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J Pediatr. 2017 Mar;182:245-252.e1. doi: 10.1016/j.jpeds.2016.12.034. Epub 2017 Jan 9.

Mortality in Children with Human Immunodeficiency Virus Initiating Treatment: A Six-Cohort Study in Latin America.

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  • 1Department of Pediatrics, Social Security Honduran Institute, Tegucigalpa, Honduras.
  • 2Departments of Biostatistics, Medicine, and Pediatrics, Vanderbilt University School of Medicine, and Vanderbilt Institute for Global Health, Nashville, TN.
  • 3Haitian Group for Studies of Kaposi Sarcoma and Opportunistic Infections, Port-au-Prince, Haiti.
  • 4Department of Pediatrics, School of Medicine, Federal University of São Paulo, São Paulo, Brazil.
  • 5Department of Pediatrics, School of Medicine, Federal University of Minas Gerais, Belo Horizonte, Brazil. Electronic address:



To assess the risks of and factors associated with mortality, loss to follow-up, and changing regimens after children with HIV infected perinatally initiate combination antiretroviral therapy (cART) in Latin America and the Caribbean.


This 1997-2013 retrospective cohort study included 1174 antiretroviral therapy-naïve, perinatally infected children who started cART age when they were younger than 18 years of age (median 4.7 years; IQR 1.7-8.8) at 1 of 6 cohorts from Argentina, Brazil, Haiti, and Honduras, within the Caribbean, Central and South America Network for HIV Epidemiology. Median follow-up was 5.6 years (IQR 2.3-9.3). Study outcomes were all-cause mortality, loss to follow-up, and major changes in cART. We used Cox proportional hazards models stratified by site to examine the association between predictors and times to death or changing regimens.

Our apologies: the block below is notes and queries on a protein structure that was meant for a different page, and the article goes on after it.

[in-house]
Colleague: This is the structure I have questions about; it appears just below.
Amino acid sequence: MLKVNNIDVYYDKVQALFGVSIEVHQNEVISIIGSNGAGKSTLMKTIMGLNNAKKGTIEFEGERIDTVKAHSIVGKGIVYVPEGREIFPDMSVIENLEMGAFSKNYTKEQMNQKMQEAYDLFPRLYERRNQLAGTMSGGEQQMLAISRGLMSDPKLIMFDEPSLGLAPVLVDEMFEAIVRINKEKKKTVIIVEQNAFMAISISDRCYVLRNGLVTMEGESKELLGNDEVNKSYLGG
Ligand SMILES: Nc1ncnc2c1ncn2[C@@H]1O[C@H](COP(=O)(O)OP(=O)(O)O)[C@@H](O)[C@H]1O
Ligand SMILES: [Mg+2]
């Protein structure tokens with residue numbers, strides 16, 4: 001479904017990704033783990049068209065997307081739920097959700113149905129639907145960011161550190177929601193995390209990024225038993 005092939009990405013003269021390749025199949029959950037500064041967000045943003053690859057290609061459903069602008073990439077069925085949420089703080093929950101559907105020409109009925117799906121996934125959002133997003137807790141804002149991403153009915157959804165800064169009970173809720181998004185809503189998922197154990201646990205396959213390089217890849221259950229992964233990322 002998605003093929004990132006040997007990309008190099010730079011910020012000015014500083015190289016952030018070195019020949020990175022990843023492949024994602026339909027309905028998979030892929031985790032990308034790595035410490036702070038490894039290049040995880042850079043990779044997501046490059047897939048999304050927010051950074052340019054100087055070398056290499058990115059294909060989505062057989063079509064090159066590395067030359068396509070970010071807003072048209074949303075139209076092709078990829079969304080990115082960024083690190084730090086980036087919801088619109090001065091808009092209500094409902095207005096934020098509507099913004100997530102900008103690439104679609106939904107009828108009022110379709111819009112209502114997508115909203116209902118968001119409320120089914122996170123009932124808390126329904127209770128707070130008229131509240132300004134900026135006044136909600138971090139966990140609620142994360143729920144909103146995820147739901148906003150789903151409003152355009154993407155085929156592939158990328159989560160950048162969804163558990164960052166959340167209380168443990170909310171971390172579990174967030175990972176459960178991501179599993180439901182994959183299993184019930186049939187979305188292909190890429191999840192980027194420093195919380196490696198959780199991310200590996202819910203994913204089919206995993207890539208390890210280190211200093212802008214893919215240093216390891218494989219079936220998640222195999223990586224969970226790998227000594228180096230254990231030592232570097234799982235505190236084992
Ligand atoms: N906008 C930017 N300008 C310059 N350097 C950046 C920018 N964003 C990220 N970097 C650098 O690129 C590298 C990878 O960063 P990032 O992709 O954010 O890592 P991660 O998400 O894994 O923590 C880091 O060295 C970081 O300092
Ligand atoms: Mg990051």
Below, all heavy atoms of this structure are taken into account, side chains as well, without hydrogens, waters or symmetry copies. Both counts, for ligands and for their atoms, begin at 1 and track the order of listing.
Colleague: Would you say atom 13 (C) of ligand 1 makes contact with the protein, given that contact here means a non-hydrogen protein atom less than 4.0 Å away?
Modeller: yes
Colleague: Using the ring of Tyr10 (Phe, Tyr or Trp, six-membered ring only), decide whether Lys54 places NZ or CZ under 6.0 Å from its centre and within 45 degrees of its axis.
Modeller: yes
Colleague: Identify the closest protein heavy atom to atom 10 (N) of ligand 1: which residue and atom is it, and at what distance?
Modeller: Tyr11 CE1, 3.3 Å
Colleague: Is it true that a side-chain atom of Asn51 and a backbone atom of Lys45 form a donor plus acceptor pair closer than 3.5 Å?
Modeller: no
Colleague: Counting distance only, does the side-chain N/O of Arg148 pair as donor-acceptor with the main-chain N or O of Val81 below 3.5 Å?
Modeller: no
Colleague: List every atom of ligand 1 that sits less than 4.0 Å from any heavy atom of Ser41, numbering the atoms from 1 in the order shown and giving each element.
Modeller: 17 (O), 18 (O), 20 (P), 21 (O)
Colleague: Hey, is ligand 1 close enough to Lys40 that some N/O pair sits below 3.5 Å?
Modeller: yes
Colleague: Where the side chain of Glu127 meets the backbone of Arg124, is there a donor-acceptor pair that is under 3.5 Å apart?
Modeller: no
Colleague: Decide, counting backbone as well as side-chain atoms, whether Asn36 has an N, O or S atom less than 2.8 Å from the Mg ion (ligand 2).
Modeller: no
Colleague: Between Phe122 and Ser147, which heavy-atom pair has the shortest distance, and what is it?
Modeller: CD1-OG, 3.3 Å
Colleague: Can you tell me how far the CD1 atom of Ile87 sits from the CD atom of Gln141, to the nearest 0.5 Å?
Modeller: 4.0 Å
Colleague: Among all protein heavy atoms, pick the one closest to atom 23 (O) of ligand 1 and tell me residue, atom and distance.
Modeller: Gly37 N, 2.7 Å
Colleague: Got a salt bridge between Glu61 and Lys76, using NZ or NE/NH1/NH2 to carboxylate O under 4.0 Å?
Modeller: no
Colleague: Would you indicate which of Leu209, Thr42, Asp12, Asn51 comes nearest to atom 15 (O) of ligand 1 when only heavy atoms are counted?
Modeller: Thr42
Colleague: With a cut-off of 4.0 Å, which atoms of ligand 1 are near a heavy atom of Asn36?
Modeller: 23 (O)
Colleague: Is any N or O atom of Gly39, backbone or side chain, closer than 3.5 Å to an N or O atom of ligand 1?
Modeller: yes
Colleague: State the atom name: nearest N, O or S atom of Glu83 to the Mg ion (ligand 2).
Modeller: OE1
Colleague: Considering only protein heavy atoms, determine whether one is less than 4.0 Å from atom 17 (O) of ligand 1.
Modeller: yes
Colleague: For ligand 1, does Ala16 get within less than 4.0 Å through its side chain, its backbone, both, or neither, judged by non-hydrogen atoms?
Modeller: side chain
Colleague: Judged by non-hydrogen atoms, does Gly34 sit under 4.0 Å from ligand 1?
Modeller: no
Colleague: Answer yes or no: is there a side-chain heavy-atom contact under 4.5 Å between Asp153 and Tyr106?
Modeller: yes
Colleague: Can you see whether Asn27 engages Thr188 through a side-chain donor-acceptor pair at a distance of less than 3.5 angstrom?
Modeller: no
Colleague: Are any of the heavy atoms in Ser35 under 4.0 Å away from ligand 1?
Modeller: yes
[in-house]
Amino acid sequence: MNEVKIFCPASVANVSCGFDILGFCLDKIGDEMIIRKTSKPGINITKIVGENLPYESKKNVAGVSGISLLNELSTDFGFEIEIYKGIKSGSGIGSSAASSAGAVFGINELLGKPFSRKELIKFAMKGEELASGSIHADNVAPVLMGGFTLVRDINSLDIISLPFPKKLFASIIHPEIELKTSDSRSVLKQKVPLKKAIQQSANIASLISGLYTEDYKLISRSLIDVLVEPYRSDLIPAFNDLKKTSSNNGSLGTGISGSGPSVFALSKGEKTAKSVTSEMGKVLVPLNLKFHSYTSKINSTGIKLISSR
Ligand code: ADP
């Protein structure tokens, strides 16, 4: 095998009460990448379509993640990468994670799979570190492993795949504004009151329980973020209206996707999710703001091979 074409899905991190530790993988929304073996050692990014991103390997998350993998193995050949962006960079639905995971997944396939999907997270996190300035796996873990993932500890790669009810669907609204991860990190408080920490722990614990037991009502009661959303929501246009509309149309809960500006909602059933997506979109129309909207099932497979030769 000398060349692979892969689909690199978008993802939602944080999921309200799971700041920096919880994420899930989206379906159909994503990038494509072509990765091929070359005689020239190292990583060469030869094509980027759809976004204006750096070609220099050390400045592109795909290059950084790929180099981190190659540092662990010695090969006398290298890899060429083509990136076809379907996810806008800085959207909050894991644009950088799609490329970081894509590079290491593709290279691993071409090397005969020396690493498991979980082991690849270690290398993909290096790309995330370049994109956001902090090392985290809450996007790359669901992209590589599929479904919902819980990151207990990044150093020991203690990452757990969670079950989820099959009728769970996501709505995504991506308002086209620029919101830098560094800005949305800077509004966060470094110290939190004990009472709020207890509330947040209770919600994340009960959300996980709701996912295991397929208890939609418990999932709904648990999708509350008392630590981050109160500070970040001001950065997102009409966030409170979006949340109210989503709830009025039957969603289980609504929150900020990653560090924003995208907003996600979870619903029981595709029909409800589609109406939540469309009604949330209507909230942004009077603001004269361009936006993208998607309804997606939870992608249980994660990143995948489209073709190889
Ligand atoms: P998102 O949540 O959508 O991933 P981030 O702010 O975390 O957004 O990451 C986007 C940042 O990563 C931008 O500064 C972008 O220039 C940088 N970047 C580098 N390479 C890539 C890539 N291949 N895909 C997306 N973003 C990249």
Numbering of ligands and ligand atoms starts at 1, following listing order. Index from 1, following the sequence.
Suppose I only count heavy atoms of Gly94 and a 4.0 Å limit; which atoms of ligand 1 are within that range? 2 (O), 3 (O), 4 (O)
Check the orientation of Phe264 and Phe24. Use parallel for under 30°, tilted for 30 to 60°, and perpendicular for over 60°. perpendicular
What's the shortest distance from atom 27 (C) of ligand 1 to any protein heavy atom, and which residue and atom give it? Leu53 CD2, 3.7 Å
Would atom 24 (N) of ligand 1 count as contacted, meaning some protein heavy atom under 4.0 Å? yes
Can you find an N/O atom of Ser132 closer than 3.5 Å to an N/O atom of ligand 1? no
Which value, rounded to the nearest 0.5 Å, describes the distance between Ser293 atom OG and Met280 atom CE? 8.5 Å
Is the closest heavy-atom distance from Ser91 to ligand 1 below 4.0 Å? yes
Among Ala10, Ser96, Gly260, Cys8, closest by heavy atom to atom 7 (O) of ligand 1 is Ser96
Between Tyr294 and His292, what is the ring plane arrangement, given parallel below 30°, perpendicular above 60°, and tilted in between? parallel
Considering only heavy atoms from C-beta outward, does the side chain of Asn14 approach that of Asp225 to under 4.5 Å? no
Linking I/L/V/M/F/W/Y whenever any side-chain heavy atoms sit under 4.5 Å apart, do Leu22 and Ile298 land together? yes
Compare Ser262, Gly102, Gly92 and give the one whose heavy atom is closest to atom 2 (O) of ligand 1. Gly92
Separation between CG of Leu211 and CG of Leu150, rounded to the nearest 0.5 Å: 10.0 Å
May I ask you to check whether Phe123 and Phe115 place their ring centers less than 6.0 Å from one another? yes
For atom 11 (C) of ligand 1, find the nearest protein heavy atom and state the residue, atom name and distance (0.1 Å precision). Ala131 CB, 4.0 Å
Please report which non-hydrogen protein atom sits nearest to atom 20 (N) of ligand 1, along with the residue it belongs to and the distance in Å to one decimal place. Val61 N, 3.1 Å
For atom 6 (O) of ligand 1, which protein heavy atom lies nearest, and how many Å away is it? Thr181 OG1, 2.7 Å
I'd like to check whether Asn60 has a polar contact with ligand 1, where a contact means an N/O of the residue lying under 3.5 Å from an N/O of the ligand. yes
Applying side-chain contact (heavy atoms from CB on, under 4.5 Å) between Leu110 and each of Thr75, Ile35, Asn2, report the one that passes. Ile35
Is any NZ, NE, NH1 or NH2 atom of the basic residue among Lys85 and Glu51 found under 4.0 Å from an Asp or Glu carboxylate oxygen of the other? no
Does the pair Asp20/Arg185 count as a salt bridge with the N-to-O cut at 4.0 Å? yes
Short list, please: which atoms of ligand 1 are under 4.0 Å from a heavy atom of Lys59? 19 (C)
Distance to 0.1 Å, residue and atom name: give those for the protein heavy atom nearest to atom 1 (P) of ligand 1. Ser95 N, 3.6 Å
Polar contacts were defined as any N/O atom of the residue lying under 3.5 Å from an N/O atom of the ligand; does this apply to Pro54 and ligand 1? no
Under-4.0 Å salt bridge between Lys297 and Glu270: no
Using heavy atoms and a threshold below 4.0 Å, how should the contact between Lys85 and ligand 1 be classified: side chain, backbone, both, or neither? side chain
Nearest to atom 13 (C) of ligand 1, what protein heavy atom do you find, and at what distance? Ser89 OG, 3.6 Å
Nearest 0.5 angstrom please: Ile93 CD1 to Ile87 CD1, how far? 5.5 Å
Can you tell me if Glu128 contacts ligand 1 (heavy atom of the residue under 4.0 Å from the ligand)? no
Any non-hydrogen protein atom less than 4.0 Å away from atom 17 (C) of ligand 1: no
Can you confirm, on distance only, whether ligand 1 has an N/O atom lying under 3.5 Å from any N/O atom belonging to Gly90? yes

Only 52% started cART at younger than 5 years of age; 19% began a protease inhibitor. At cART initiation, median CD4 count was 472 cells/mm3 (IQR 201-902); median CD4% was 16% (IQR 10-23). Probability of death was high in the first year of cART: 0.06 (95% CI 0.04-0.07). Five years after cART initiation, the cumulative mortality incidence was 0.12 (95% CI 0.10-0.14). Cumulative incidences for loss to follow-up and regimen change after 5 years were 0.16 (95% 0.14-0.18) and 0.30 (95% 0.26-0.34), respectively. Younger children had the greatest risk of mortality, whereas older children had the greatest risk of being lost to follow-up or changing regimens.


Innovative clinical and community approaches are needed for quality improvement in the pediatric care of HIV in the Americas.


HIV/AIDS; infectious diseases

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